I am so excited about the Michelangelo & Sebastiano exhibition opening at the National Gallery in March, especially as they will be borrowing this beautiful work by the lesser known of the two artists, Sebastiano del Piombo.
Like Michelangelo‘s sculpture of the same name from 1498-99, this Pietà (1516-17) is minimal in composition, but powerful in its impact. Mary is monumental in size; her clothes form a solid shape around her creating a pyramid, with the body of Christ at the base. This clever use of geometry leads our eye from her face, down the lines to that of Christ’s, along his crucified emaciated body, and back to the apex again. Mary’s eyes are cast towards heaven, but rather than looking distraught in mourning she has a look that expresses pathos, composure and knowing. Throughout Western art depictions of Madonna and Child hint at Jesus’s fate, though the bible does not explicitly say that Mary knew this from the start. This painting suggests that she had come to terms with her son’s death, as it is not a typical emotionally wrought lamentation scene. Del Piombo’s Madonna is serene and strong, mysterious and almost otherworldly. Her mouth is set and her eyes wide, her hands clasped in prayer. It is worth noting that this Mary is not beautiful or idealised, as was the norm in Renaissance art. Rather she is masculine and bulky, showing yet another aspect of Michelanglo’s influence over the painter.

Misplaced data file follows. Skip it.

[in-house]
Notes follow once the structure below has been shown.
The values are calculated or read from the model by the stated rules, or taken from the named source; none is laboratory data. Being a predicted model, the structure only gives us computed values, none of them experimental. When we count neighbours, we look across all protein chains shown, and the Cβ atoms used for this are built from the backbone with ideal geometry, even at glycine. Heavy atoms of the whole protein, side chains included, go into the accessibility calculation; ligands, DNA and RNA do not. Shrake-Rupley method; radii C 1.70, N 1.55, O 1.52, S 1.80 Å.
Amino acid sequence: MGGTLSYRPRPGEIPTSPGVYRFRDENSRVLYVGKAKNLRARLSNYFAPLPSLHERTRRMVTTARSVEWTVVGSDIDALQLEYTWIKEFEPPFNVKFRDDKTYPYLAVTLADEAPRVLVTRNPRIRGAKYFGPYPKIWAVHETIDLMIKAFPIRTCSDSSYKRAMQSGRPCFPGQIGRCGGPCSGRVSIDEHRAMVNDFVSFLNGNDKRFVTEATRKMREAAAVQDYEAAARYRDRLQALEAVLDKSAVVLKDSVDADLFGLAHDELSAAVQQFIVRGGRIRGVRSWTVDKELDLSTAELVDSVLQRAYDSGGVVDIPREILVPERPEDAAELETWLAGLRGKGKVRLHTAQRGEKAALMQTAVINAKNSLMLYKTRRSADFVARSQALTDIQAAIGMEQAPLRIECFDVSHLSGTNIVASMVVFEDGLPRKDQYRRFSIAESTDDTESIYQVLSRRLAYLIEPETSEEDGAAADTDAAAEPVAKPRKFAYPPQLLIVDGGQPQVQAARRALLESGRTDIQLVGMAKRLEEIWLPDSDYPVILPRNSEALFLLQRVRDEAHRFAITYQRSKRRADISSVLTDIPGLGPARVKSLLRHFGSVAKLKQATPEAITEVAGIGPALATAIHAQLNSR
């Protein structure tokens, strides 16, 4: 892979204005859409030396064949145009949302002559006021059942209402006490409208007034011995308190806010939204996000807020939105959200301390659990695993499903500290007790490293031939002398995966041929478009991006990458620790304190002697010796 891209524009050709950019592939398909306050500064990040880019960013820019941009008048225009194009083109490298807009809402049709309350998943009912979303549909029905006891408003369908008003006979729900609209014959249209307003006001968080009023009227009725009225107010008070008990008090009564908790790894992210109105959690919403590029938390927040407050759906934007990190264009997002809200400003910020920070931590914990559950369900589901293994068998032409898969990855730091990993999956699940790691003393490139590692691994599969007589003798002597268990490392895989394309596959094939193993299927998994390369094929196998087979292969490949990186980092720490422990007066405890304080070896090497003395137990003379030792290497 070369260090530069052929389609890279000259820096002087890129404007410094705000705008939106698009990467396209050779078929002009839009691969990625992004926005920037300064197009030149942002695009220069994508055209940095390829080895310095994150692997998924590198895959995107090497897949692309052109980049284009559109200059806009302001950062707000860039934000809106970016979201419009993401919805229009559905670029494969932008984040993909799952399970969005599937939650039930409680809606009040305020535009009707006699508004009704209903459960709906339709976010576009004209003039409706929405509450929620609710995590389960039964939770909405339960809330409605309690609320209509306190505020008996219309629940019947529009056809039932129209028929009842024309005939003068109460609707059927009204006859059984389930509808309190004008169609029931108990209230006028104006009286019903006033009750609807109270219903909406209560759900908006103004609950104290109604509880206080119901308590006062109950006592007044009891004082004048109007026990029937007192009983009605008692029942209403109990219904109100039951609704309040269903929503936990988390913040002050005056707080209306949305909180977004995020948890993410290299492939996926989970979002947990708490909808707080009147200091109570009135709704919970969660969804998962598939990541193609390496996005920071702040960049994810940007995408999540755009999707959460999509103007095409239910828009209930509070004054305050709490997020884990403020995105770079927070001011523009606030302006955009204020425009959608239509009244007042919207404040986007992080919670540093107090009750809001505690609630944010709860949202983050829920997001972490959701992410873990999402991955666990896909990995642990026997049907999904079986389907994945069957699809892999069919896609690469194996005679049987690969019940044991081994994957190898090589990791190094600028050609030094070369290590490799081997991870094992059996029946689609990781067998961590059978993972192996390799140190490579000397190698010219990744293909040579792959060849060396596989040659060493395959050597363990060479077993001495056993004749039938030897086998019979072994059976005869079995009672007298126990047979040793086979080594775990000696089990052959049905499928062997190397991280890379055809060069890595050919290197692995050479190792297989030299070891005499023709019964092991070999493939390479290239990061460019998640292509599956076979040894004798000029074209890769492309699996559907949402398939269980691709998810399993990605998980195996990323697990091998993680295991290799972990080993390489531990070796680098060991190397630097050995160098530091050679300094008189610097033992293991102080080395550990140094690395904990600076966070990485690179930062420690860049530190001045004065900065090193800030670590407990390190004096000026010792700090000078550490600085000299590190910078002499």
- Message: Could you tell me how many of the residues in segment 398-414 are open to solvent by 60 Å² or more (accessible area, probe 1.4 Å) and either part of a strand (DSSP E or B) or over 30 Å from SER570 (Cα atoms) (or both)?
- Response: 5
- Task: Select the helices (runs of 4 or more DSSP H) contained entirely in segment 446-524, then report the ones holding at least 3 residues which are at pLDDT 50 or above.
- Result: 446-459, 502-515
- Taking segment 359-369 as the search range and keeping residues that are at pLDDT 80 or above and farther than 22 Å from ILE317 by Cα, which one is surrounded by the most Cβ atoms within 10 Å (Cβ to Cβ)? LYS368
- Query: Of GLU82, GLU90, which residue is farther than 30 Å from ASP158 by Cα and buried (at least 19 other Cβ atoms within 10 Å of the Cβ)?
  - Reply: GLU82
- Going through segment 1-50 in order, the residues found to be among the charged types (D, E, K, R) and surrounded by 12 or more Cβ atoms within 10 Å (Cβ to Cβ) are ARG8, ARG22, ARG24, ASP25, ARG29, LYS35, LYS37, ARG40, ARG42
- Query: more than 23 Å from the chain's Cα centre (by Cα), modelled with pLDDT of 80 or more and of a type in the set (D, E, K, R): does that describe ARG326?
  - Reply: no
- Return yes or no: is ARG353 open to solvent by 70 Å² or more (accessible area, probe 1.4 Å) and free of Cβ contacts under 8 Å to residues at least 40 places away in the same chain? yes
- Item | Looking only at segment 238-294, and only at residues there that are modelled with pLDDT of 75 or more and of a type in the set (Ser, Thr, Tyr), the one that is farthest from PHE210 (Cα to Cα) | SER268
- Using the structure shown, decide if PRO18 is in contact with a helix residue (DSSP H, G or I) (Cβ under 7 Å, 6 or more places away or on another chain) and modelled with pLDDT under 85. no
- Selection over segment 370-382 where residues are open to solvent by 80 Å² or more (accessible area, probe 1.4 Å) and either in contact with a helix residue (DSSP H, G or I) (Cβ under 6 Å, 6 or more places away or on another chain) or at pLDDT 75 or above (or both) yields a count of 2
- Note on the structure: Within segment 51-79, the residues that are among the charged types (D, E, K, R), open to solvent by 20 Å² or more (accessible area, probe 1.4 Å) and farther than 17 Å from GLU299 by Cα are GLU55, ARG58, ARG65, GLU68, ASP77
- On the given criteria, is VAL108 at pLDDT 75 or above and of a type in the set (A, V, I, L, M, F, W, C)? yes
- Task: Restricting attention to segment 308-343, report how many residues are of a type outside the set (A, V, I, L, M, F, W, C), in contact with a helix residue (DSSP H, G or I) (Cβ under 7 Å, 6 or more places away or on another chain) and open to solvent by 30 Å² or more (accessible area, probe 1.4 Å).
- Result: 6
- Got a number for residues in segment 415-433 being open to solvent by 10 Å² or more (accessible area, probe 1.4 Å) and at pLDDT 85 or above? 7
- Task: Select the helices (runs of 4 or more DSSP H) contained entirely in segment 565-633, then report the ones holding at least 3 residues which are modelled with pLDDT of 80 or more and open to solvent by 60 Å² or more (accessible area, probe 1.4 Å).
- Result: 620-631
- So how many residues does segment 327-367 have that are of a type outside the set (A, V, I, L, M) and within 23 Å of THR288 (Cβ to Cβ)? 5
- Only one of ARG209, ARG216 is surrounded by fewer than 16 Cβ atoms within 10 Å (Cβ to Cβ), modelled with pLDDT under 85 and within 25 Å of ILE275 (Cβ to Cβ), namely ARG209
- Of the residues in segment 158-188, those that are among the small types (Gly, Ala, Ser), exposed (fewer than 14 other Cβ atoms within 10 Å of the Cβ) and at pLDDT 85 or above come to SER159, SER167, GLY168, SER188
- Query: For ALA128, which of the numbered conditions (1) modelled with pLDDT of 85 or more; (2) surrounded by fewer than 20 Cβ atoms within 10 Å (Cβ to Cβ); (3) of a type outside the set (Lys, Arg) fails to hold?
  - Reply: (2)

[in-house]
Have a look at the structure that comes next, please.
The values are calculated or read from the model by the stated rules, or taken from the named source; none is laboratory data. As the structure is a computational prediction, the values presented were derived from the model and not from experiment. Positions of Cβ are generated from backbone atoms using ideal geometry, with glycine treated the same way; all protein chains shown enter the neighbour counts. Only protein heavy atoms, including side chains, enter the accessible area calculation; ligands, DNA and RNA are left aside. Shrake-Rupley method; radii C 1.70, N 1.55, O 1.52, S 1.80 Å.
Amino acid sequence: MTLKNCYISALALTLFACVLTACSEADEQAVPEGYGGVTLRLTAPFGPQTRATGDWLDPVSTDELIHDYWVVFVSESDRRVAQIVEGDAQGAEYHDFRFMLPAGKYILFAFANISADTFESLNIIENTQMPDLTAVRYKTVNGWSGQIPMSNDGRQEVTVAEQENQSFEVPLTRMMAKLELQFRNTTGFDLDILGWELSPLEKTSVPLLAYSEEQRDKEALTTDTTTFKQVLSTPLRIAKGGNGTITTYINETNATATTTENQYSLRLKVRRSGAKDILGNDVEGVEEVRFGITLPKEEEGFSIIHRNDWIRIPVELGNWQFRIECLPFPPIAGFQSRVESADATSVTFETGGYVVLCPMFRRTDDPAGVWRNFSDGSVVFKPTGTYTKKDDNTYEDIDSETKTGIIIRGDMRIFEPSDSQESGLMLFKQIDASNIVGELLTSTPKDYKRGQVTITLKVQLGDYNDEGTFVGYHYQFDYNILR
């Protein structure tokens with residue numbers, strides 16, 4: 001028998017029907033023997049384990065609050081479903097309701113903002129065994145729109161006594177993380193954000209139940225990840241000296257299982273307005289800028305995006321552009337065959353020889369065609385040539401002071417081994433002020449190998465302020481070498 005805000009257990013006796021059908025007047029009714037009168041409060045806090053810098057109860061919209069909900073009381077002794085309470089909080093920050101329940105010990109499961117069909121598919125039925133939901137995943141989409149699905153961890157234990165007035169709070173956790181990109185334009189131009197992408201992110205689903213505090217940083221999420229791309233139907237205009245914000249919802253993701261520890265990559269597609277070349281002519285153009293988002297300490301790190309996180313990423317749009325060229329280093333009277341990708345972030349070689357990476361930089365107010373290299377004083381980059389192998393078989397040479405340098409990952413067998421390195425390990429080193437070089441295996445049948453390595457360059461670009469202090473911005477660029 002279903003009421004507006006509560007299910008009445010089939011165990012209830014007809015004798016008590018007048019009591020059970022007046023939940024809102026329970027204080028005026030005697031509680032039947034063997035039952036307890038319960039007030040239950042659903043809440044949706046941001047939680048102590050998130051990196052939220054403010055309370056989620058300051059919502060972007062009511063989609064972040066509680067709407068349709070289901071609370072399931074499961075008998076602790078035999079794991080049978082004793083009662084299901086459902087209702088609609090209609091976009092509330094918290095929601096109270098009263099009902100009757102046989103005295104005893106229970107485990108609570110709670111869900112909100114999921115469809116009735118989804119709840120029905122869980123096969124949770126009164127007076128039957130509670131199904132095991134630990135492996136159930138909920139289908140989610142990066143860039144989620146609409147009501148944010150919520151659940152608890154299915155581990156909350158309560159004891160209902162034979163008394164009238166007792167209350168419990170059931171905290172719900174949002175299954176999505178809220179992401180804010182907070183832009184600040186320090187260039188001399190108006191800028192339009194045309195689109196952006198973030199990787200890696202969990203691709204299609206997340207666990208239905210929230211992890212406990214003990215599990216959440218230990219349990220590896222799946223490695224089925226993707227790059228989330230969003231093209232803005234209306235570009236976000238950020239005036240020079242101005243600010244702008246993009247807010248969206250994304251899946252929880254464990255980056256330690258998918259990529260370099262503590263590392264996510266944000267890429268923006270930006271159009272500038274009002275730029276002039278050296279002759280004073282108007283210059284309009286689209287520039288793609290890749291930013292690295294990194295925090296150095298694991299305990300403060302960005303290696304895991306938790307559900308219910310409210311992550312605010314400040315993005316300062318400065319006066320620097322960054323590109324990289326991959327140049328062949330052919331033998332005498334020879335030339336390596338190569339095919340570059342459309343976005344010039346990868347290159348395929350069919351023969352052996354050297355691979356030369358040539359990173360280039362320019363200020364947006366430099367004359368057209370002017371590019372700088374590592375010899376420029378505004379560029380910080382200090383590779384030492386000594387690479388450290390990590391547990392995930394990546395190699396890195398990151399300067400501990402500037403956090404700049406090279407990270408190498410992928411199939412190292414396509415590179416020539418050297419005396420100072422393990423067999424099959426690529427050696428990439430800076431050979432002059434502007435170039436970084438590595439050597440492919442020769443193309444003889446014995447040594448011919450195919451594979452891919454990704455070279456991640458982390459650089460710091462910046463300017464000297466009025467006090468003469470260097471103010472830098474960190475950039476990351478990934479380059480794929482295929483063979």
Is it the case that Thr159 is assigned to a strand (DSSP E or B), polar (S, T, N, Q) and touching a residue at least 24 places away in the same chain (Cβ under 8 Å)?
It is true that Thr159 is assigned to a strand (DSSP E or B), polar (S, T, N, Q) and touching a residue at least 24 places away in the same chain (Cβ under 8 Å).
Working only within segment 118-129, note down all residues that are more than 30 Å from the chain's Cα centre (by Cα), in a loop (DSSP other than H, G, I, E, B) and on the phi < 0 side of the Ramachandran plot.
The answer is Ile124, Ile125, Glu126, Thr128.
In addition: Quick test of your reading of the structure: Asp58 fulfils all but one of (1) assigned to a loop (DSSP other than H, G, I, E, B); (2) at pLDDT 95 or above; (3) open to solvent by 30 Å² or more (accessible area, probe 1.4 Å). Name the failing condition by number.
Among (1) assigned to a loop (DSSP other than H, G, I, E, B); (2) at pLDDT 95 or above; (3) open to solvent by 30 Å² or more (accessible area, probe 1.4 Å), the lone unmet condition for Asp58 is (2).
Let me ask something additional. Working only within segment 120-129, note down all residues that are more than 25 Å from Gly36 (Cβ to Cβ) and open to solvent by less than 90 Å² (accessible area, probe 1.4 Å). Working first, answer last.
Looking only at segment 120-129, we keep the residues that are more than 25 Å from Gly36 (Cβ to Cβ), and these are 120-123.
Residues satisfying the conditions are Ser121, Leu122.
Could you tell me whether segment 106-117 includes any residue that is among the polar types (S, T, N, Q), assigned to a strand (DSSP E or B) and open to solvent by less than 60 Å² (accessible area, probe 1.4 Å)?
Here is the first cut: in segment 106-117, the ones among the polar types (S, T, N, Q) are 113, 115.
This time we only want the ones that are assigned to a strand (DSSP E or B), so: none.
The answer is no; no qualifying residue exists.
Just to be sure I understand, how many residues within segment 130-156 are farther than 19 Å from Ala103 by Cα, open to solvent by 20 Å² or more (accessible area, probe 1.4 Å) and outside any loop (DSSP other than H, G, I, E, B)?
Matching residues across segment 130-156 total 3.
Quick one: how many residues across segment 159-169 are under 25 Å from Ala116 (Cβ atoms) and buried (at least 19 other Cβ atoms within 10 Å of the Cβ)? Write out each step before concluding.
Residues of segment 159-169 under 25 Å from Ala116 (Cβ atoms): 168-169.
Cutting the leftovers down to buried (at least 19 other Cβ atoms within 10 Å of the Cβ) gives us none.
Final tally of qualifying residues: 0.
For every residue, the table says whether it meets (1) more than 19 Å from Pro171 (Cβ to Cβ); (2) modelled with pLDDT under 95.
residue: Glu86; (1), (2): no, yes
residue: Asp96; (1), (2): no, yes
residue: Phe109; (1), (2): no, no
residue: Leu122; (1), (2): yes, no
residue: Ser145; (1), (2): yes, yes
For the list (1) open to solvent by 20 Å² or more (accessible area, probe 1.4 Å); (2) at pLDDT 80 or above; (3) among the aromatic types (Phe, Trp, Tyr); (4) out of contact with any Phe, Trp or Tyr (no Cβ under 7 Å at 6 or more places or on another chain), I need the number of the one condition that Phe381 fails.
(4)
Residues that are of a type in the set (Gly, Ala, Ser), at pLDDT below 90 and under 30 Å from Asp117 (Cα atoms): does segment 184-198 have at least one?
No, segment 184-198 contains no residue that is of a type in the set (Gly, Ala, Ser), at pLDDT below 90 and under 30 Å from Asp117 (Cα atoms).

This was quite a radical painting in its time, and even now retains some air of mystery and peculiarity. It is unlike any scene of the same subject that went before, and I am sure it is the only one of its kind to have been set at night. I love the deep, cool colours, they create a heavy atmosphere – unusual for an artist who was trained by fellow Venetians Giovanni Bellini and Giorgione. The landscape in the background is apocalyptic with the moody sky and desolate ruins. And this, I think, is what makes the painting so emotive; the emotion is told not through the face of a grief stricken face, but the synthesis of the whole painting.